The range for WHDI is about 30 meters max indoors with full penetration of walls. Outdoors with a clear line of sight you can get up to about 60 meters. The Amimon chipsets for WHDI are available now and are being built into some new TV sets and other video devices. You will also see some dongles that connect to HDMI connectors to replace these high ticket cables. Amimon's WHDI just recently received High-bandwidth Digital Content Protection (HDCP) certification. This means that Digital Content Protection LLC, the licensor of the HDCP content protection technology specification, has granted Amimon's WHDI solution authorization as an Approved Retransmission Technology.

Pulse~Link (www.pulselink.net) is one of the early pioneers in the UWB field and holds many original patents on the technology. Their pulse-type UWB has not been widely adopted nor has other impulse methods of UWB. Most of these technologies lost the early UWB battle to the WiMedia's OFDM version of UWB. Most UWB vendors use this technology and have focused their energy on the wireless USB niche with some success. Other WiMedia supporters have also worked on the video distribution applications with mixed results. Pulse~Link has stayed true to its pulse method and may just win a piece of the wireless video distribution battle.

Pulse~Link's CWave technology uses a carrier in the UWB spectrum, typically about 4 GHz (3.1 to 10.6 GHz in the U.S.). Then using a simple BPSK modulation scheme transmits data at a rate of 1.35 Gb/s. That translates into an 890 Mb/s rate at the applications layer which is fine for video.

A recently issued UWB test report from octoScope (www.octoscope.com), an independent wireless testing and consulting firm tested CWave against the WiMedia Wireless USB technology and found that CWave outperformed the W-USB. CWave achieved a data rate of about 500 Mb/s at a range of 8 feet and dropping to 115 Mb/s at 40 feet. W-USB was only able to achieve 50 Mb/s at those close ranges.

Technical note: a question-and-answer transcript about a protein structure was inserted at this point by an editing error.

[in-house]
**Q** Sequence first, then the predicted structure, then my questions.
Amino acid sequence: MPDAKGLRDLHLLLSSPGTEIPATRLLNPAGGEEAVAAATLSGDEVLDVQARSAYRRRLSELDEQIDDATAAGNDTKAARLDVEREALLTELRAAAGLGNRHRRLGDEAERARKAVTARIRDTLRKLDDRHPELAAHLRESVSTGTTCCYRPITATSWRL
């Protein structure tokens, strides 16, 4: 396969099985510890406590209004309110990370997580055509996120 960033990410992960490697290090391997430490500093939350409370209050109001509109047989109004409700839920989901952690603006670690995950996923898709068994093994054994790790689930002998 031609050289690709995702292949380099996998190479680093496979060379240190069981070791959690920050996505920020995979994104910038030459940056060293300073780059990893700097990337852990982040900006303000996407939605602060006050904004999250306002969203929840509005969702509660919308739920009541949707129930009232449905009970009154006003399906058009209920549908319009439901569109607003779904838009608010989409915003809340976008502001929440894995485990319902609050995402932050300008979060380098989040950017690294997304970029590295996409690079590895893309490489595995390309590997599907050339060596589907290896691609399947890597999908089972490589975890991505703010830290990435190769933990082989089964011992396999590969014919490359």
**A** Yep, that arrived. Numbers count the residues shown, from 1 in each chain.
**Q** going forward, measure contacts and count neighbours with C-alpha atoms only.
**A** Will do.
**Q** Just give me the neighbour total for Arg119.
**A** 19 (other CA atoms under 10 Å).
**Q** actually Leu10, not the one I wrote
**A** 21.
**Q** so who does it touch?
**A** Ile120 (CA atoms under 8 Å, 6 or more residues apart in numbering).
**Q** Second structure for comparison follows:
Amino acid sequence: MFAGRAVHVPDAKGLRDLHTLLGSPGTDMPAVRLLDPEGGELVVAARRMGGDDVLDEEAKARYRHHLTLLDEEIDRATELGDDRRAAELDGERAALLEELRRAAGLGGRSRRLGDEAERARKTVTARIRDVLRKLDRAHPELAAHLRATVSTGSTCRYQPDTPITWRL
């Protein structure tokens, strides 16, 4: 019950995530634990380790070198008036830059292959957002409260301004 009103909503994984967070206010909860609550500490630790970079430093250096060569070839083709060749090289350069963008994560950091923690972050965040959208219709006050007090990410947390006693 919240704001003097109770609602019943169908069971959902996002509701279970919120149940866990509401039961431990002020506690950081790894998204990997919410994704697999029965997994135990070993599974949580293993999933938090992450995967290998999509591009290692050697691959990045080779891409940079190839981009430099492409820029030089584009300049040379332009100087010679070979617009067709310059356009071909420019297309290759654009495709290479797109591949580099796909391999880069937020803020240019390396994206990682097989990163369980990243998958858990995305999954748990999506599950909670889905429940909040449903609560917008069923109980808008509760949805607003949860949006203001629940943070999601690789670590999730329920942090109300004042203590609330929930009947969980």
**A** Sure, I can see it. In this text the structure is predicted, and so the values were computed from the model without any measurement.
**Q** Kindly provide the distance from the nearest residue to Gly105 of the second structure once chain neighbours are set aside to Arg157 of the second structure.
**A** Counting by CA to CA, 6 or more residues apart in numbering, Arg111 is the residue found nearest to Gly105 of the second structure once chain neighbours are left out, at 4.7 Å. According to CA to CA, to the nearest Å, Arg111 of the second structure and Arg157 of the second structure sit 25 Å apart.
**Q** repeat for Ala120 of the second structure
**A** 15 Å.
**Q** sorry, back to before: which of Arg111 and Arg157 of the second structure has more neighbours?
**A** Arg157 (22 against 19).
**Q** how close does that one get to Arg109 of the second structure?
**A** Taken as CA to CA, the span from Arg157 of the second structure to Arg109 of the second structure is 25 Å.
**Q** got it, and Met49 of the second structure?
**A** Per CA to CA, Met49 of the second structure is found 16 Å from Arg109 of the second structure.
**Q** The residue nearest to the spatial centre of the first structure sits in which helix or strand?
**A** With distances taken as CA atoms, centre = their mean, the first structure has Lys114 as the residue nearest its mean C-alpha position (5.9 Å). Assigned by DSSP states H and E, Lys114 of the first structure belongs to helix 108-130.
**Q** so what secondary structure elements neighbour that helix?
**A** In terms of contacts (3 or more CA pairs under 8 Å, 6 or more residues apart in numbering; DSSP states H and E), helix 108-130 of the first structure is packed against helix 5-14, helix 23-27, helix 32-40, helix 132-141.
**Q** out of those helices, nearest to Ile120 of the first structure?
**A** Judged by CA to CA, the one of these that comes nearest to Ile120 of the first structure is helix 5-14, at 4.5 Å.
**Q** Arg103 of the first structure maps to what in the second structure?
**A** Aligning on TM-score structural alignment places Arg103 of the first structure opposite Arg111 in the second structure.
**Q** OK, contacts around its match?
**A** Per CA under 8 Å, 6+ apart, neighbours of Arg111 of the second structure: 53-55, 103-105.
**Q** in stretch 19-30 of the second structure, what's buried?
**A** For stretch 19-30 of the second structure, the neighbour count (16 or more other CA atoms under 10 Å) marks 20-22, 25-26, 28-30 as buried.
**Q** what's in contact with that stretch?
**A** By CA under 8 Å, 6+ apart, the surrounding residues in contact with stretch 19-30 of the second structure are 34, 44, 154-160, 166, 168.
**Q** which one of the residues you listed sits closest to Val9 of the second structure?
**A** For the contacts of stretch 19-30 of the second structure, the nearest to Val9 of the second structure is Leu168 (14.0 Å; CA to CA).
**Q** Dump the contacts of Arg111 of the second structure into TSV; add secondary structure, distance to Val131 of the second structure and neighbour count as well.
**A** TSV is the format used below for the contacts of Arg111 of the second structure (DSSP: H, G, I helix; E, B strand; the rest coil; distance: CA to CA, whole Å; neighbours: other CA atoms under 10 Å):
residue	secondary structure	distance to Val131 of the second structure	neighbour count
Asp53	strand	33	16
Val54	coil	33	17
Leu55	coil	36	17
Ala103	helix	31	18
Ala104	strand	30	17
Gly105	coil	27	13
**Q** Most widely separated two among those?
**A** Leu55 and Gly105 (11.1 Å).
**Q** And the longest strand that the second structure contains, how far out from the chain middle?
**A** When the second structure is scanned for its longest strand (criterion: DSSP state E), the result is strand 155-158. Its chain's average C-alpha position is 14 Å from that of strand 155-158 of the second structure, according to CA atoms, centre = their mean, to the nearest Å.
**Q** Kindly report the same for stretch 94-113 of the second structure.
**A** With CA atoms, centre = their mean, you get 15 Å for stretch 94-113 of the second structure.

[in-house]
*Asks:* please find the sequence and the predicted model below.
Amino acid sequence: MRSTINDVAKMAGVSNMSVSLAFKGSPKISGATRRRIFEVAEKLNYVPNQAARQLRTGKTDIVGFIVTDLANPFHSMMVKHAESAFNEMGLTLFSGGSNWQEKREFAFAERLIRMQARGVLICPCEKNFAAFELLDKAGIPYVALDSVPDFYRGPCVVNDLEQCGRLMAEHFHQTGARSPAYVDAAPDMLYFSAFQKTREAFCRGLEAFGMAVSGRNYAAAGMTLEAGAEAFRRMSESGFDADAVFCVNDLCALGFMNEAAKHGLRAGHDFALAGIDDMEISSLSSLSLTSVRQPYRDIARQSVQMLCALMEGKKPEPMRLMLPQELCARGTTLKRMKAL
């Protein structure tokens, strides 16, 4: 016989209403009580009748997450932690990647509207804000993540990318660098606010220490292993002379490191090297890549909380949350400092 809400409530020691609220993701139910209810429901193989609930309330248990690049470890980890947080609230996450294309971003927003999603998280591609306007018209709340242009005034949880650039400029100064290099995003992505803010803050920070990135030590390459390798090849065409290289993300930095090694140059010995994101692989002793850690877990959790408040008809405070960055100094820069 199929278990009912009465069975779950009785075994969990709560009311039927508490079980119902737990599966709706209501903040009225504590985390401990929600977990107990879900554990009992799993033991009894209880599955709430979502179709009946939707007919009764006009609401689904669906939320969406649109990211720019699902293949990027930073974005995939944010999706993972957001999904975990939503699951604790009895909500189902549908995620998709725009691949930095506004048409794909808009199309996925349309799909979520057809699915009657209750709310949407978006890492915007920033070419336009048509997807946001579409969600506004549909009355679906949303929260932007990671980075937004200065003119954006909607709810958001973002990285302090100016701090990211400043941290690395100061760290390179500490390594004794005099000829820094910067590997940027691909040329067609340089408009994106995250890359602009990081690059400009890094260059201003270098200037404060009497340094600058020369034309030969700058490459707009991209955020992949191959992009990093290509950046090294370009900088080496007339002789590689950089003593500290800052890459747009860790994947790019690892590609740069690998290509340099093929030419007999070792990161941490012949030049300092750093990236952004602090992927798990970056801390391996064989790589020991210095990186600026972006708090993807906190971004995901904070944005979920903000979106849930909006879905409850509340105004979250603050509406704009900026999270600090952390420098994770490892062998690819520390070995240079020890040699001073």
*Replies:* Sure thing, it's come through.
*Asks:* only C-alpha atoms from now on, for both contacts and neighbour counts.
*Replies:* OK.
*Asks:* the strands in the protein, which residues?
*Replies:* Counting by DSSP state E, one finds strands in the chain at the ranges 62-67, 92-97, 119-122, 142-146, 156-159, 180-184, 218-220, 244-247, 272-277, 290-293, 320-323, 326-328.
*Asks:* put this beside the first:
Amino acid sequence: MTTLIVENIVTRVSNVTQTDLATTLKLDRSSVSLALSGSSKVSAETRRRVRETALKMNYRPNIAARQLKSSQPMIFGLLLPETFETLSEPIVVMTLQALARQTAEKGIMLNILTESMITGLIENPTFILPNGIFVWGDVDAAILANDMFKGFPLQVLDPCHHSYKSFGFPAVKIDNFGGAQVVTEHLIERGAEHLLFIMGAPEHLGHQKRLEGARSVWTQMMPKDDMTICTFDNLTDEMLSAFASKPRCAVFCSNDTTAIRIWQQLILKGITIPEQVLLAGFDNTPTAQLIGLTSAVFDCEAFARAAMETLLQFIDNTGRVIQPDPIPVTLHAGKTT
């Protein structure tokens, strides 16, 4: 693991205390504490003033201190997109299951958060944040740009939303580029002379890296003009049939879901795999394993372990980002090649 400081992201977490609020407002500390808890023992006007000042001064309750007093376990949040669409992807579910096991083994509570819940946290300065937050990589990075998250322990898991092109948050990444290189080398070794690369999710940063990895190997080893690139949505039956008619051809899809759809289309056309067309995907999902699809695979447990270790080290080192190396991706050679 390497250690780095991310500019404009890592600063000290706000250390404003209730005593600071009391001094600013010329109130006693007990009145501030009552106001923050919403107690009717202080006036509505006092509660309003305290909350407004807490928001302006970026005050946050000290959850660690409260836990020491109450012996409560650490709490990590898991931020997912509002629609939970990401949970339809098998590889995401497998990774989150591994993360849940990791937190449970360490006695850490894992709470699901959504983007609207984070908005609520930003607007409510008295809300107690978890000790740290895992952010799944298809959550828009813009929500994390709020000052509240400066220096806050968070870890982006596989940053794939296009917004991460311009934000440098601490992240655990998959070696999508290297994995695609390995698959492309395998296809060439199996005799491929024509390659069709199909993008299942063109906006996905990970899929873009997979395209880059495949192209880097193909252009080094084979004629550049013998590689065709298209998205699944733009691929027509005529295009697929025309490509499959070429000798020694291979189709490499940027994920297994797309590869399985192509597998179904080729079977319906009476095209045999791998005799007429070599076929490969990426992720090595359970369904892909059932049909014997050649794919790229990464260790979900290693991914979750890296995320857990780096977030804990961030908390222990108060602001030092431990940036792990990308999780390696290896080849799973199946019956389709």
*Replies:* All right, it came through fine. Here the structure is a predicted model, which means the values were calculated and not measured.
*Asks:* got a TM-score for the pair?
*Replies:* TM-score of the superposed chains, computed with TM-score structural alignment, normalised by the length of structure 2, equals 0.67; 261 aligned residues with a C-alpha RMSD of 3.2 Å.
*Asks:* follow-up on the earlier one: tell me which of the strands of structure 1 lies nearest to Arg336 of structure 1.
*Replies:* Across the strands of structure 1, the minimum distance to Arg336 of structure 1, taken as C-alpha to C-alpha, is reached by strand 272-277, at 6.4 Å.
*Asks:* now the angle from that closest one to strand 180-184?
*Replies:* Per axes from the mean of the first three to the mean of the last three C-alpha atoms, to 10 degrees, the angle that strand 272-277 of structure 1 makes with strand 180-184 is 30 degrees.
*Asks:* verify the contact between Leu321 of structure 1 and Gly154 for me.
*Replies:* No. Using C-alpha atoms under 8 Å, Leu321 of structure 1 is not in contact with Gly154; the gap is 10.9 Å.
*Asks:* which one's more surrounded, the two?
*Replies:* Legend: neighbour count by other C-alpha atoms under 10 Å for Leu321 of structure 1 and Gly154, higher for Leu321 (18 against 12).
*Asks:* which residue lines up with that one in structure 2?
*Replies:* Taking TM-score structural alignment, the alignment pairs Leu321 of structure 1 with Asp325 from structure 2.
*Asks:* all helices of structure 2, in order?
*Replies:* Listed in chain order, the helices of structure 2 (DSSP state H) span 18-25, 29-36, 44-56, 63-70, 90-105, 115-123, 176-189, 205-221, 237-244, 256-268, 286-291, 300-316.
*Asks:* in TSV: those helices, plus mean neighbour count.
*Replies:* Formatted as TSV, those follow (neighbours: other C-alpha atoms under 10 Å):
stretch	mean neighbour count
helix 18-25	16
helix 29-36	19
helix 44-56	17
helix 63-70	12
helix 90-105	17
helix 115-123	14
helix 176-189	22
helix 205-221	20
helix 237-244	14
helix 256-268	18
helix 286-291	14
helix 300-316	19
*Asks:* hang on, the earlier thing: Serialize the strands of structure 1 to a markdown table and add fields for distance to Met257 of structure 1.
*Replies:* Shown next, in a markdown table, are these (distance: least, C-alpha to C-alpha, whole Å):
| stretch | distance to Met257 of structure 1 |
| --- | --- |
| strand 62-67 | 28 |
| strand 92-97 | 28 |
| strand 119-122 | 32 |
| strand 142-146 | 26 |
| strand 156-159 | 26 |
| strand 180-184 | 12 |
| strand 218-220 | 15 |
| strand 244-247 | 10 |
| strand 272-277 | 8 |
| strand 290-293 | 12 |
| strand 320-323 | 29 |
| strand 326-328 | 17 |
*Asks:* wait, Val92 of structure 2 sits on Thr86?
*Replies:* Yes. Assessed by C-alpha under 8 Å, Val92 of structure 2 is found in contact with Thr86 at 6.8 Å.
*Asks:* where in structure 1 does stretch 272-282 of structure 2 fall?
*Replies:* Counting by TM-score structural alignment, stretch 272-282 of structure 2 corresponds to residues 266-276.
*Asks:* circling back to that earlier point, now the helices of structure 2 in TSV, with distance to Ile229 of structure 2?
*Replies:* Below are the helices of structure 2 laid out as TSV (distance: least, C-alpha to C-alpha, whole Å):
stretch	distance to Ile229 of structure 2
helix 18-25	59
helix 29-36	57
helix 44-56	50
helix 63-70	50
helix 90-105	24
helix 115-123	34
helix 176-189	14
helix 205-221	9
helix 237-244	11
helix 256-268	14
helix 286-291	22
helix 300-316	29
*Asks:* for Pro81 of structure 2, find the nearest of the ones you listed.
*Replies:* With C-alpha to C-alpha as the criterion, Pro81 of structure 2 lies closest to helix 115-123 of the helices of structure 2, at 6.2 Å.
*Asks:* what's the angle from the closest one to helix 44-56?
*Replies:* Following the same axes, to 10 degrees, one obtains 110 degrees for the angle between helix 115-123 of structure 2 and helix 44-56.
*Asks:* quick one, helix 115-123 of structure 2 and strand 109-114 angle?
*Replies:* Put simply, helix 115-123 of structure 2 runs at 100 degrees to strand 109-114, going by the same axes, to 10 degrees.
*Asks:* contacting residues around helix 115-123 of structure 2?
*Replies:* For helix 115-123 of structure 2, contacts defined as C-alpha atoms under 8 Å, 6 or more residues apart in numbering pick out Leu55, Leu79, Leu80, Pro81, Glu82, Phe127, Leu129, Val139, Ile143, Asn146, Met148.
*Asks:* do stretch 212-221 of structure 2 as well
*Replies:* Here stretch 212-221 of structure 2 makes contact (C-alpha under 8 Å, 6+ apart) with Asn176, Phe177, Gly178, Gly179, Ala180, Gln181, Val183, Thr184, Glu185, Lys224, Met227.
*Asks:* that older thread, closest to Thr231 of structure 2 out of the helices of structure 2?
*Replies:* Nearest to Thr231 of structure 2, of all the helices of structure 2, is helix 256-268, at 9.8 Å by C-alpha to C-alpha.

Another neat feature is that the Pulse~Link PL3100 chipset has also been used successfully in distributing video over coax. Using the existing in-home cable TV coax wiring, it is possible to send video over the whole house in both directions through the splitters normally used to distribute cable TV. Several home networking technologies like those from the Multimedia over Coax Alliance (MoCA) and the Home Phoneline Networking Alliance (HomePNA) systems are designed to use this installed base of coax to distribute video in the home. In most home situations a wireless component is needed. With a Pulse~Link system, all of the coax and wireless transmissions use the same format and protocol. Pulse~Link has also demonstrated how its technology can also be used to transmit Gigabit Ethernet, IEEE 1394 (Firewire/iLINK), and HDMI/DVI wirelessly.

Other technologies recently mentioned as a solution to the streaming video problem include those in the 60-GHz unlicensed band. Chips are just now being developed and are currently very expensive. Besides, these devices have a much shorter transmission range, although they can easily achieve the high data rates needed for uncompressed HDTV. It is expected that most versions when available will use highly directional gain antennas to achieve the desired range but that will limit their usefulness because you will have to point them in the right direction. Look for some 60 GHz products during the year. But I suspect with CWave and WHDI available now, one or both will win the consumer video distribution war.

Hide comments


  • Allowed HTML tags: <em> <strong> <blockquote> <br> <p>

Plain text

  • No HTML tags allowed.
  • Web page addresses and e-mail addresses turn into links automatically.
  • Lines and paragraphs break automatically.